Hardwood Floors and Humidity

What you Need to Know

Checking, cupping, and gapping.  These are words you never want to hear when talking about your hardwood floors. Hardwood floors are a natural product and are sensitive to humidity as it absorbs and loses moisture when it reacts to its surrounding environment. Keeping humidity levels in check will prevent potential damage to your floor.    Here are images of hardwood floors that have been affected by some form of humidity:  

Checking example:  

Checking consist of fine hairline cracks running along the grain on the surface of the wood flooring.

 

Cupping example:

Cupping is an appearance where the edges of the planks are higher than the center. This condition can affect an entire floor or just a few planks in one confined area.

 

Gapping example:

Spaces between the planks of a floor in either the length or width of the planks are known as gapping.

 

So how do you keep humidity levels in check?

Always follow the golden rule:  You need to monitor humidity levels in your home all year long.  Your flooring specialist will give you the specific guidelines for humidity levels for your particular hardwood based on the manufacturer recommendations.  These guidelines will vary based on geographic location and type of hardwood installed.  Receiving accurate information is an important reason for dealing with a professional flooring company.

Significant fluctuations outside the recommended ranges can result in checking, cupping or gaps.  A humidifier and hygrometer are strongly recommended.  If your humidity levels are beyond the recommended range you need to make adjustments: 

Low Humidity:

If your humidity drops too low, your hardwood floor can shrink and weaken which can cause splintering or splitting (checking) along the grain as the wood dries out.   More commonly you will see gapping between floor boards that can vary in size.   

If your levels are too low, you need to raise the humidity level using a humidifier to increase the moisture in the home.

High Humidity:

If your humidity is too high, you risk having moisture seep into the wood which will cause it to swell.  Once this occurs, pressure builds up between the planks which cause cupping or warping resulting in edges that are raised on each board and centers that are lower than the edges.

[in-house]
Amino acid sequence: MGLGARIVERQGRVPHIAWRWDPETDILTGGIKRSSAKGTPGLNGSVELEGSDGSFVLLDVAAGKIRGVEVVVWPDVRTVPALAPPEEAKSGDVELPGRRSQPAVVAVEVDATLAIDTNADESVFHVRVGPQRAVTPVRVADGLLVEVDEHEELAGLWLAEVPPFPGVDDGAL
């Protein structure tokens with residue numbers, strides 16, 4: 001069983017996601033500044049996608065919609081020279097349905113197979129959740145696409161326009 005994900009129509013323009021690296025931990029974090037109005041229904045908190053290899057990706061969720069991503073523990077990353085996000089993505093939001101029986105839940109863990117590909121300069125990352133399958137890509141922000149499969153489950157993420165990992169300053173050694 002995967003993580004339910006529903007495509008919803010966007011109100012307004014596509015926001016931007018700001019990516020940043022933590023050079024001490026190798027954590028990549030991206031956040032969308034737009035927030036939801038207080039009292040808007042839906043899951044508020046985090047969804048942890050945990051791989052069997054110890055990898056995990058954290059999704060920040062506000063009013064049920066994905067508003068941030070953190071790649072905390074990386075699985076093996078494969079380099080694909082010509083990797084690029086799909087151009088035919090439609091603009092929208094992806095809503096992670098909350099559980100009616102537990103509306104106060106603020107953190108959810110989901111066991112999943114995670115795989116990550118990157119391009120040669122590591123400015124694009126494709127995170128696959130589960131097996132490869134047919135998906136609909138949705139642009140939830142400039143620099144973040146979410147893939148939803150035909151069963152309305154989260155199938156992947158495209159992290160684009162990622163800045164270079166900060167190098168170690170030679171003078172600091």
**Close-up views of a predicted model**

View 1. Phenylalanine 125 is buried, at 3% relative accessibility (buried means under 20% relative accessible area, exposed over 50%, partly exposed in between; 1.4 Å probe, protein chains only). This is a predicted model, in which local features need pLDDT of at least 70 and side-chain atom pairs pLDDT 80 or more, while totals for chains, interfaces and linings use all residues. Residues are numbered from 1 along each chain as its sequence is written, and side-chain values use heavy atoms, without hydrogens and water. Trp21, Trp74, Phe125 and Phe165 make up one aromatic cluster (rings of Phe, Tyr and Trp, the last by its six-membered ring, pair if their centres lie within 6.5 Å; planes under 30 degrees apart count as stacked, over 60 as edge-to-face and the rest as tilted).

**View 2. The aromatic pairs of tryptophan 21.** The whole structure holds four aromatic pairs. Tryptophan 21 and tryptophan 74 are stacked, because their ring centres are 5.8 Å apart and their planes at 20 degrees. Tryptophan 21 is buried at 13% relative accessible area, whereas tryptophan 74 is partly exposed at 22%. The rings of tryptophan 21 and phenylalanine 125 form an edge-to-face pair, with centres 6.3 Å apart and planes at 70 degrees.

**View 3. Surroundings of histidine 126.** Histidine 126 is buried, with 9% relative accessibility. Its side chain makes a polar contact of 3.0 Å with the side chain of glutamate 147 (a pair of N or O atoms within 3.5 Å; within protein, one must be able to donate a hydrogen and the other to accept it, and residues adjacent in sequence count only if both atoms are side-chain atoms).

If your levels are too high use a dehumidifier or turn on the air conditioning.

Other things to think about:

  1. Before installing your hardwood floor, your estimator will check and document your moisture levels while in your home (relative moisture of the subfloor and the air) to make sure they are within the recommended levels and that the hardwood can be installed.  An important reason to work with a professional flooring company when making an investment in hardwood flooring. 
  1. The temperature in the home must be maintained between 15 and 26 Celsius at all times.
  1. Seasonal Gapping: You may notice gaps that appear and disappear in your floor as the seasons change.  This is more noticeable in homes with gas/propane heating.  This is a normal condition and cannot be prevented.                                                                                                                                                                                                    
  2. Acclimating your new hardwood flooring is no guarantee that your flooring will not expand or contract later but it helps balance the scale with regards to how much it will change later.  To help balance the equilibrium it is critical to allow newly purchased hardwood flooring to acclimate to its new environment for anywhere from 48 hours or longer prior to it being installed.   During the installation, your professional installer will leave a space of between 3/8 -3/4 of an inch at all walls or fixed objects so that if there are extreme swings in the normal relative humidity in your home, the flooring can expand and/or contract normally.

How to know what the relative humidity levels are in your home

There are small inexpensive digital hygrometers found in hardware stores or home centers that will display the relative humidity levels within your home so that you can use the methods above to help control your environment.   

 

source:  Home Depot:  http://bit.ly/2n0YoJn 

Always control the moisture through ventilation, ie kitchen, bathroom, furnaces, continual flow, high efficiency = air being controlled by some form of humidification/de-humidification.   Everyday living causes humidity in your home, ie:  showers, cooking, dishwashers, washing machines, dryers and wet boots and clothes.  Regularly using ventilation fans will help circulate the air.  Also make sure you have adequate ventilation through your soffits, roof ridge, basement and crawl space.

Unfortunately, damage done to your hardwood floors due to a humidity issue is not covered by the flooring manufacturer’s warranty.  The responsibility to maintain a stable environment in your home falls on the home owner.  Your flooring specialist will provide you with the information and advice to ensure it stays in shape and your investment is protected.

Photo:  Beaulieu  http://bit.ly/2mKr1bF 

Hardwood floors are beautiful and it is important to always remember that wood is an organic material that will react to its environment.  A good gauge to use is how is your skin feeling when you’re in your home?  If your skin feels good, then chances are your wood flooring will be feeling good as well!